Beneath the hood
For the smallest Infiniti, the power is respectable. The 2.0 litre turbocharged 4-cylinder engine has an output of 208 horsepower and a boosted 258 lb-ft. of torque. The transmission is a 7-speed dual-clutch offering that come with standard paddle shifters.
Strangely, all-wheel drive is only available on the mid trim (which was our tester and is expected to be the big volume seller) and with the Canadian climate, I would’ve expected to see all wheel drive standard across the board.
What is standard is the auto start/stop function to save on fuel as you crawl through rush hour traffic.
Fuel efficiency rates are impressive for a turbocharged engine and come in at 10.6 city and 8.0 highway for L/100 km.
This sister car to the Mercedes Benz GLA series bears a striking resemblance, which makes sense seeing as this was a joint project. I see it more as a raised hatchback opposed to a crossover. The car does have striking qualities with flowing design lines, thinner headlights and an attractive stance that are sure to turn a few heads on the road.
Our tester came with standard 18” wheels and if you bump up to the top “Sport” trim, you’ll pick up an extra inch.
Another quirk is that only the mid-trim gets standard roof rails, so if you’re like my pal Michael who has a kayak (that he keeps claiming to use) and want to rope it on the roof, you’d be out of luck on the low and high end.
Overall and with my attachment to hatchbacks/wagons, I like the body style of the QX30 and there’s enough good looks to attract younger buyers as their first dip into the Infiniti lineup
It’s not quite an exact replica of the GLA but it’s pretty close…and that’s certainly working in favour of the QX30. The gear shifter is a bit unusual as the Park selection is a button opposed to a spot on the gearshift. I had a few phantom “Park” shift moments but after a couple of days, it became second nature.
The interior is unmistakably premium with soft touch materials and leather surfaces. Following the GLA, seat adjustments are located on the door panels opposed to the seats themselves.
The 7-inch infotainment screen is recessed a few inches and easy to navigate and as a nice touch (in absence of the standard all-wheel drive) the QX30 comes with standard heated seats and 8-way power drivers’ seats.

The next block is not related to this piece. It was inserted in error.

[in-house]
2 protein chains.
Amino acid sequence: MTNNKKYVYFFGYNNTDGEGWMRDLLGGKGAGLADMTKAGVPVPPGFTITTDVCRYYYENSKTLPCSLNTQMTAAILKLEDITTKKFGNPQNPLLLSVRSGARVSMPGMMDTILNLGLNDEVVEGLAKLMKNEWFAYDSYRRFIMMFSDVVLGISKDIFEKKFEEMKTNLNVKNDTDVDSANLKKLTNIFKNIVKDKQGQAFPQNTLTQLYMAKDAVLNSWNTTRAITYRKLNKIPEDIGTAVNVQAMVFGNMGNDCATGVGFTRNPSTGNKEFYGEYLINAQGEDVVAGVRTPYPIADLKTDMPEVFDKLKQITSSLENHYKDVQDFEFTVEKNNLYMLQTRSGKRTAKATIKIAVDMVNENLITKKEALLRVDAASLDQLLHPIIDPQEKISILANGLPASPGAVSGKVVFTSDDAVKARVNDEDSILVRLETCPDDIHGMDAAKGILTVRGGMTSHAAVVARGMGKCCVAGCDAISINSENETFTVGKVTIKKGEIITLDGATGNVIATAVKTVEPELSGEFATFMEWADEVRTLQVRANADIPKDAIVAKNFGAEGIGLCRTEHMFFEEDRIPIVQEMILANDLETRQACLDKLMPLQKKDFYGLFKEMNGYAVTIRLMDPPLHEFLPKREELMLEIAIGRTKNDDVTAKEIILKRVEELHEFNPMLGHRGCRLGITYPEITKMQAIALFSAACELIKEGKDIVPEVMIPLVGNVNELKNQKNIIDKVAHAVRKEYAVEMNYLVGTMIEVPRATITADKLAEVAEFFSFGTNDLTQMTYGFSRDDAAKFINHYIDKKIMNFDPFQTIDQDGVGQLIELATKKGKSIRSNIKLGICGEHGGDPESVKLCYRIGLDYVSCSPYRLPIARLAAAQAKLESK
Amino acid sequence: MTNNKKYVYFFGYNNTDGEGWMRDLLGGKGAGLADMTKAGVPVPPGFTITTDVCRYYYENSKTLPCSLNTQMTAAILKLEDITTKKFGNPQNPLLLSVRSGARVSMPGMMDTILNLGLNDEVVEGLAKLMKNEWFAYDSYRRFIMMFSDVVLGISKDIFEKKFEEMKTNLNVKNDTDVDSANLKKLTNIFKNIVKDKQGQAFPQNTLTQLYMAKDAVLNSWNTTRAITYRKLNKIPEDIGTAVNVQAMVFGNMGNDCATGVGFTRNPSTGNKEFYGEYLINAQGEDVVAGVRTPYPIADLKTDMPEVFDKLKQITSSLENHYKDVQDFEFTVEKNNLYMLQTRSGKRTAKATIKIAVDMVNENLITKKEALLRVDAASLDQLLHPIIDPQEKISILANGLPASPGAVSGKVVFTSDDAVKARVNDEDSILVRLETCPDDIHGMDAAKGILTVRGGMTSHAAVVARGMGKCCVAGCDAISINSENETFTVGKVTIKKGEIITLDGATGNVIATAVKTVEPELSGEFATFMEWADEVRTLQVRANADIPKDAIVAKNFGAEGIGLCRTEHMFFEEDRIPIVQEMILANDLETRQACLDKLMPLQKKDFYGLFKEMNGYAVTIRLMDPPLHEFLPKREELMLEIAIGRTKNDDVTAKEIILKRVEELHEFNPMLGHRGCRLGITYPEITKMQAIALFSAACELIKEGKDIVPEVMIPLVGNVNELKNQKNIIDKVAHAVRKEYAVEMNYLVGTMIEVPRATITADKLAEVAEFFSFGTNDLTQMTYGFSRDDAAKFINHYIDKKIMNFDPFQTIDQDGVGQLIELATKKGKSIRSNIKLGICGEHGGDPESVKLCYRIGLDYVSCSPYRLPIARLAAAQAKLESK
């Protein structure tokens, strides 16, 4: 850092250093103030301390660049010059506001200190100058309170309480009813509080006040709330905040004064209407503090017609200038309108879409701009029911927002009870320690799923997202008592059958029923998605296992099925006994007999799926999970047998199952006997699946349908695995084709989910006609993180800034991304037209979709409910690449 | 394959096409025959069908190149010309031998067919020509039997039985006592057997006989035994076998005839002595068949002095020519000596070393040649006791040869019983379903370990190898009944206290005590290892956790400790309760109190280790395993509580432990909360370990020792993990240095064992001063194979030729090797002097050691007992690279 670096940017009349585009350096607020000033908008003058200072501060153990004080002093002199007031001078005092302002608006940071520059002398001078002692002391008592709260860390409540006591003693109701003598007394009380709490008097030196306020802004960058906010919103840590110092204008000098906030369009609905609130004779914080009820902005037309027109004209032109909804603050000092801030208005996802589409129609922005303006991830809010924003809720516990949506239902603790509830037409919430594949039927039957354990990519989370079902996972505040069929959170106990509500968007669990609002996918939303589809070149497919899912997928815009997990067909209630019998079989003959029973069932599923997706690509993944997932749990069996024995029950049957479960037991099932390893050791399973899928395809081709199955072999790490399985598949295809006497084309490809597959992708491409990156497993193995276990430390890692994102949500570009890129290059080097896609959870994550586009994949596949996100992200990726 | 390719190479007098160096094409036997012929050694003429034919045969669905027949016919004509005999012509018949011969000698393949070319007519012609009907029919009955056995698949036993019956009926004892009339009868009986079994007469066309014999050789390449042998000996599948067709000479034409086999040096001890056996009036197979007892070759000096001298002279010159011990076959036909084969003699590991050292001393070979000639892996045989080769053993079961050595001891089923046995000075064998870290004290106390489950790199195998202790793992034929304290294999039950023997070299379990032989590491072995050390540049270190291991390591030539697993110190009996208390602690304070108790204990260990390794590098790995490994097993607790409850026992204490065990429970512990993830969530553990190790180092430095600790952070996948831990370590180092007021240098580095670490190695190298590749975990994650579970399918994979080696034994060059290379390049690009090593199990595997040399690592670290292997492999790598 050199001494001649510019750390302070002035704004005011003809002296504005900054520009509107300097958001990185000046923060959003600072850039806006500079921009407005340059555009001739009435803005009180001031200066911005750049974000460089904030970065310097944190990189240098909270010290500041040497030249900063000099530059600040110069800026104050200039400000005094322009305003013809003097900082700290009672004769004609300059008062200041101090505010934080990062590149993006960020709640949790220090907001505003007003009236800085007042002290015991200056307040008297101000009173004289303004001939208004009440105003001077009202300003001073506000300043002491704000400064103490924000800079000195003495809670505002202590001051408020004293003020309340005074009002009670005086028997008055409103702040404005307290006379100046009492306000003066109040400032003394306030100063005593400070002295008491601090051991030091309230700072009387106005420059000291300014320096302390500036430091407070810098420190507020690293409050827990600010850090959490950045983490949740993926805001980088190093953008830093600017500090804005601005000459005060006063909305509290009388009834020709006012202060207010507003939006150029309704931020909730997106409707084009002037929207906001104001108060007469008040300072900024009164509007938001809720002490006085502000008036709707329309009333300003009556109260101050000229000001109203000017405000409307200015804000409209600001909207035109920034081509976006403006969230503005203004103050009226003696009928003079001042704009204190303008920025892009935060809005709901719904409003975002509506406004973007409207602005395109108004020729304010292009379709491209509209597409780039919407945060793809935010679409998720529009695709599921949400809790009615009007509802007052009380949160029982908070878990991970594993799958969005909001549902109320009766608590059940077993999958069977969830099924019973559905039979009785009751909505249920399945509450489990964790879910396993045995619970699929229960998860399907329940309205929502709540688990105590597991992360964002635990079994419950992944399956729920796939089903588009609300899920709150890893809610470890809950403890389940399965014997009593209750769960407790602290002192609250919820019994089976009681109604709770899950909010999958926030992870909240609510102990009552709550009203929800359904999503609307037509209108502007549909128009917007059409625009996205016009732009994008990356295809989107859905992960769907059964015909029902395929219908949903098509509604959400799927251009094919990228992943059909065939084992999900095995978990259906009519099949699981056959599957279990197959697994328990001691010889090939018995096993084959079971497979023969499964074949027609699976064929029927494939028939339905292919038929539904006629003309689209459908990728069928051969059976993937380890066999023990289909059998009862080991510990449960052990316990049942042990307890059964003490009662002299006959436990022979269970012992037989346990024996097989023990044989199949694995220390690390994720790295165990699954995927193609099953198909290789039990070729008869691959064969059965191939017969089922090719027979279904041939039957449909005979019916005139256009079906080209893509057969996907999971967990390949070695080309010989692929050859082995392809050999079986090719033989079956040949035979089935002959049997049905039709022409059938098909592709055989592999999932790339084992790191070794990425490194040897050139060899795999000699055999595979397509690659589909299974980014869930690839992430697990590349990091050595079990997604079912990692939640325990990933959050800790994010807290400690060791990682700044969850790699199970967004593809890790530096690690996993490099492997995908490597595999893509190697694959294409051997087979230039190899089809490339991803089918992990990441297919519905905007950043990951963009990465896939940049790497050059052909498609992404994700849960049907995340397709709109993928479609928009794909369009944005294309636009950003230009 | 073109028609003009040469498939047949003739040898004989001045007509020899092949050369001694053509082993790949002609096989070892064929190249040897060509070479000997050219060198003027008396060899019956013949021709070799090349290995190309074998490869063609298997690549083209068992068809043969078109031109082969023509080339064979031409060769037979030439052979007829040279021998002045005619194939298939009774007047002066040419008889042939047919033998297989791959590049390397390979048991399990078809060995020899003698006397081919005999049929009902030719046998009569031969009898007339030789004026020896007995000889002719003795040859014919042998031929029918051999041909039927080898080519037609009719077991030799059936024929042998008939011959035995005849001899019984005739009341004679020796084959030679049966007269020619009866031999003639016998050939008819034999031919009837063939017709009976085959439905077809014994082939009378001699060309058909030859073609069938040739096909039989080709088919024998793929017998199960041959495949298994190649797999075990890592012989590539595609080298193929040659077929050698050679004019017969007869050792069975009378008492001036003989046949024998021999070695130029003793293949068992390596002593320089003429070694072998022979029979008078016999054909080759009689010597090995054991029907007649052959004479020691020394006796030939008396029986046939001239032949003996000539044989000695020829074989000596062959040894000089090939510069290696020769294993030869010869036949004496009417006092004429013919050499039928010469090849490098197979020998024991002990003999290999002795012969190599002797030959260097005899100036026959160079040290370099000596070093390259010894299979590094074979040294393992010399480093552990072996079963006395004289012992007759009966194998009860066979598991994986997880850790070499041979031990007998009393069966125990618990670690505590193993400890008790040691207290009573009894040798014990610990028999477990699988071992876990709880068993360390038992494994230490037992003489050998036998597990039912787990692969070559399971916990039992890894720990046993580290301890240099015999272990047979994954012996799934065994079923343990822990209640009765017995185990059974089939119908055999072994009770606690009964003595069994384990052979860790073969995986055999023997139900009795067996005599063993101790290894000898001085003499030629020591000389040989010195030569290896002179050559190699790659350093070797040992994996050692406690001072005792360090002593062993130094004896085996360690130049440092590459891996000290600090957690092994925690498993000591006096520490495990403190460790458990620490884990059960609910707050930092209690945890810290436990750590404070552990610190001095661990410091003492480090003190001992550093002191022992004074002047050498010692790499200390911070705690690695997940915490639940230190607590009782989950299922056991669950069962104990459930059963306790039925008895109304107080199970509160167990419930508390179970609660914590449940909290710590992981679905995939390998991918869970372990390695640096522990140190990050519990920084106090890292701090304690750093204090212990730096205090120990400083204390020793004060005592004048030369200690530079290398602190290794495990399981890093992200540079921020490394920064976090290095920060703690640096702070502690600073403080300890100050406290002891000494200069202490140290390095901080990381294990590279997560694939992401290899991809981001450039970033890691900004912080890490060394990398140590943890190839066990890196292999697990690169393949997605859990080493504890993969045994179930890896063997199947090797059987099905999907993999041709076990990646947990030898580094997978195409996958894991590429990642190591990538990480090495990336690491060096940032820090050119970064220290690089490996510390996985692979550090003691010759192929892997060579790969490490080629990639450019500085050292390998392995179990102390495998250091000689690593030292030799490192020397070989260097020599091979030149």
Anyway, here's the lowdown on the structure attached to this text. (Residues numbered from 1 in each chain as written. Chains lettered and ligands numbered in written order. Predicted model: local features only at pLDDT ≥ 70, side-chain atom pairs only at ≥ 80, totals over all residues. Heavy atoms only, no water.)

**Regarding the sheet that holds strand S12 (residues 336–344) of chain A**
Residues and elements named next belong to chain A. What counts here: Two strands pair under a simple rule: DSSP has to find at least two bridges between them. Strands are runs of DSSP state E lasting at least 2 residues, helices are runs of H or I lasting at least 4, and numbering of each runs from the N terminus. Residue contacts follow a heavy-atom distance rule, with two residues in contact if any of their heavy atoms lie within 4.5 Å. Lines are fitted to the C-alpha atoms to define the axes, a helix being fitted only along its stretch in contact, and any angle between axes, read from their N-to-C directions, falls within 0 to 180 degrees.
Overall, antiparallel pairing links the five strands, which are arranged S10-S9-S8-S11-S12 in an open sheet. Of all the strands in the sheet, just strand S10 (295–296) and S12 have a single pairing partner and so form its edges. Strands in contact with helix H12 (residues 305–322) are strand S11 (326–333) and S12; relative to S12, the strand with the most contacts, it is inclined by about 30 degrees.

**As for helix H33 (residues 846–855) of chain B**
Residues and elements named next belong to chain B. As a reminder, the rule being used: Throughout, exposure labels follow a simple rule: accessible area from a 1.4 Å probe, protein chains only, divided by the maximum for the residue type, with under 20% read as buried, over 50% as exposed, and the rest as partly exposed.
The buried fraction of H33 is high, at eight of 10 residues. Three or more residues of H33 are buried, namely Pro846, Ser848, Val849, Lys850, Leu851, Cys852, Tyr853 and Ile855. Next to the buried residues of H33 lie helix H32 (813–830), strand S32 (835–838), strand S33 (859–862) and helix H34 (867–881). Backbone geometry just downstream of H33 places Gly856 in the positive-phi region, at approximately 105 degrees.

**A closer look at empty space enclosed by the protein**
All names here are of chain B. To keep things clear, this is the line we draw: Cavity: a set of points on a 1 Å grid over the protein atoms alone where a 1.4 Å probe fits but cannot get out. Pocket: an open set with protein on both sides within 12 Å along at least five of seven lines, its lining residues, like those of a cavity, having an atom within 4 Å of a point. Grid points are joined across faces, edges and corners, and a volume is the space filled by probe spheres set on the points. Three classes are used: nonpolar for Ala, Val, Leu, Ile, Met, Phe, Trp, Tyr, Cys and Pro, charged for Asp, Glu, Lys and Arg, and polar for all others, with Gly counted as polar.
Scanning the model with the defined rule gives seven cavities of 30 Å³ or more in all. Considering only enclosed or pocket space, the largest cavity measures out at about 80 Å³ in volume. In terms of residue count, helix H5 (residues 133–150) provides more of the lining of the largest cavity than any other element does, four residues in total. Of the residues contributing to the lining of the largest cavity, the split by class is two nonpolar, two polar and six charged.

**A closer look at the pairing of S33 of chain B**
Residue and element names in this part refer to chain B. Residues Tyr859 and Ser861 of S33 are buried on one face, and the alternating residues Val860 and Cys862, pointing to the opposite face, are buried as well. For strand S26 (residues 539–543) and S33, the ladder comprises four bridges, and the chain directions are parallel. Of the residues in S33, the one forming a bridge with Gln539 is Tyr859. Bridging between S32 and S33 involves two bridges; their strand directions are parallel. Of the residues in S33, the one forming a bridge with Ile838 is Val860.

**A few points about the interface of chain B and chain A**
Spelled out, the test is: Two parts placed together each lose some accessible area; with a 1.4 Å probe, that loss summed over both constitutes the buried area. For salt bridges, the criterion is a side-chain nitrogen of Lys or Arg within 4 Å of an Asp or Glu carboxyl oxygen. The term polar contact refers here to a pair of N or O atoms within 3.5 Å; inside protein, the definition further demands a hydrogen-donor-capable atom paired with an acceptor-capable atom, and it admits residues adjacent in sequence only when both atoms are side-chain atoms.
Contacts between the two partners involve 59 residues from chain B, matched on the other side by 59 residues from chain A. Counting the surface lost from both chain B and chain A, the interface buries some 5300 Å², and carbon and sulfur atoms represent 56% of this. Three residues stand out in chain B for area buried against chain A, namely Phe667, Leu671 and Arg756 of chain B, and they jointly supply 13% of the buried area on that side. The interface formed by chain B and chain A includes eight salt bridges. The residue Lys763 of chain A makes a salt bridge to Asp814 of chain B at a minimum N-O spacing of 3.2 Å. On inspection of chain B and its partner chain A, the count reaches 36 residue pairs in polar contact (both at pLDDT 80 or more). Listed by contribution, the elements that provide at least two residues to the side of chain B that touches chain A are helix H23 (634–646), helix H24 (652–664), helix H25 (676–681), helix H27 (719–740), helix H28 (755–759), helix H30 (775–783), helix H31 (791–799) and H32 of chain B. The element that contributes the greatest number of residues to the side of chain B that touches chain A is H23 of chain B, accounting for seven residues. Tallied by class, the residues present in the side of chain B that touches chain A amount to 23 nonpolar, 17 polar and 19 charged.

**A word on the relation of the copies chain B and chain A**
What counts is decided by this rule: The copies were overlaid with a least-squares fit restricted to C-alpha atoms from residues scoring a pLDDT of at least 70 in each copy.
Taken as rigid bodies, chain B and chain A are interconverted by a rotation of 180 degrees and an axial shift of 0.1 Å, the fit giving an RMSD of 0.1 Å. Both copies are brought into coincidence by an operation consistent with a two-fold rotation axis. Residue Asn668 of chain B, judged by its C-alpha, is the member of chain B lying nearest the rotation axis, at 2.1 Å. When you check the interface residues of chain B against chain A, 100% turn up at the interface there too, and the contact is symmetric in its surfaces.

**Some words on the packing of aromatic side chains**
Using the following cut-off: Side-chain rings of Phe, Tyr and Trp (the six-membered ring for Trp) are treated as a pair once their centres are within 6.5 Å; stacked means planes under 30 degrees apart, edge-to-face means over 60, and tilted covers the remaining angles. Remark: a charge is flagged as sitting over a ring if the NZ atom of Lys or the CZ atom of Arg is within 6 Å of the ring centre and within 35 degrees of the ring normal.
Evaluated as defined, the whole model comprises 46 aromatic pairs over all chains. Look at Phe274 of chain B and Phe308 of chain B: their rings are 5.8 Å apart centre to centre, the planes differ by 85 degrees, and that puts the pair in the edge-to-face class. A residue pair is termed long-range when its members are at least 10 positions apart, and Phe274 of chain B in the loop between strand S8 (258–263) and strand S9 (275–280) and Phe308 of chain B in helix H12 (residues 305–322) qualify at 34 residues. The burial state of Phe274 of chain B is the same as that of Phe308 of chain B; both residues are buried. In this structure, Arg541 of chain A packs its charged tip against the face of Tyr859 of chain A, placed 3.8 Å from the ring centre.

If you’re looking for a QX30, there are three primary options to choose from.
QX30 - $35,990 MSRP
The entry-level trim includes a rear view camera, dual-zone HVAC controls, regular cruise control, halogen headlights and a few other items you expect to see on a luxury vehicle.
QX30 AWD - $38,490 MSRP
Adding to the base model, you obviously get all-wheel drive, roof rails (only on this trim, interestingly) and aluminum alloy wheels.
QX30 Sport - $46,490 MSRP
At the top trim comes 19” wheels, LED lights, an around-view monitor, a Bose 10-speaker audio system, navigation, automatic high beams, rain sensing wipers, lane guidance, a flat-bottomed steering wheel, aluminum pedals and a few other goodies.
Available as standard fare only on the top trim (and available as options on the mid-trim), the QX30 gives you front and rear parking sensors, park assist, blind spot monitoring, lane departure warning and forward emergency braking.
For $2,500, your mid trim AWD can be decked out with the aforementioned without ponying up the extra $8,000 to go from mid to high.
On the road
Infiniti makes some great vehicles that offer responsive and strong handling and the QX30 for the most part follows suit. With its low center of gravity and higher seating point, there’s more of a car-feel opposed to a CUV-feel to be had.
The boost in torque certainly gives the “get-up-and-go” factor a strong lift to keep the excitement level behind the wheel high.
Twists and turns responded well in my AWD tester (the other trims get front-wheel drive) so it’s not a mundane experience for the driver. Yet, it’s not as exciting as the Q50. However, for this market, performance takes a backseat to luxury and Infiniti has done strong work in executing this.
Strangely, there's only Eco, Sport and Manual modes for driving, with a clear absence of Normal. Expect the Eco mode to be the popular setting to save fuel and not thoroughly compromise drive quality.
As a daily driver, this will serve you and your one or two passengers well (the rear seat is a bit cramped) and if you do have a full backseat, the already small rear window will see a further reduction in outward visibility.
Enjoy the full gallery below: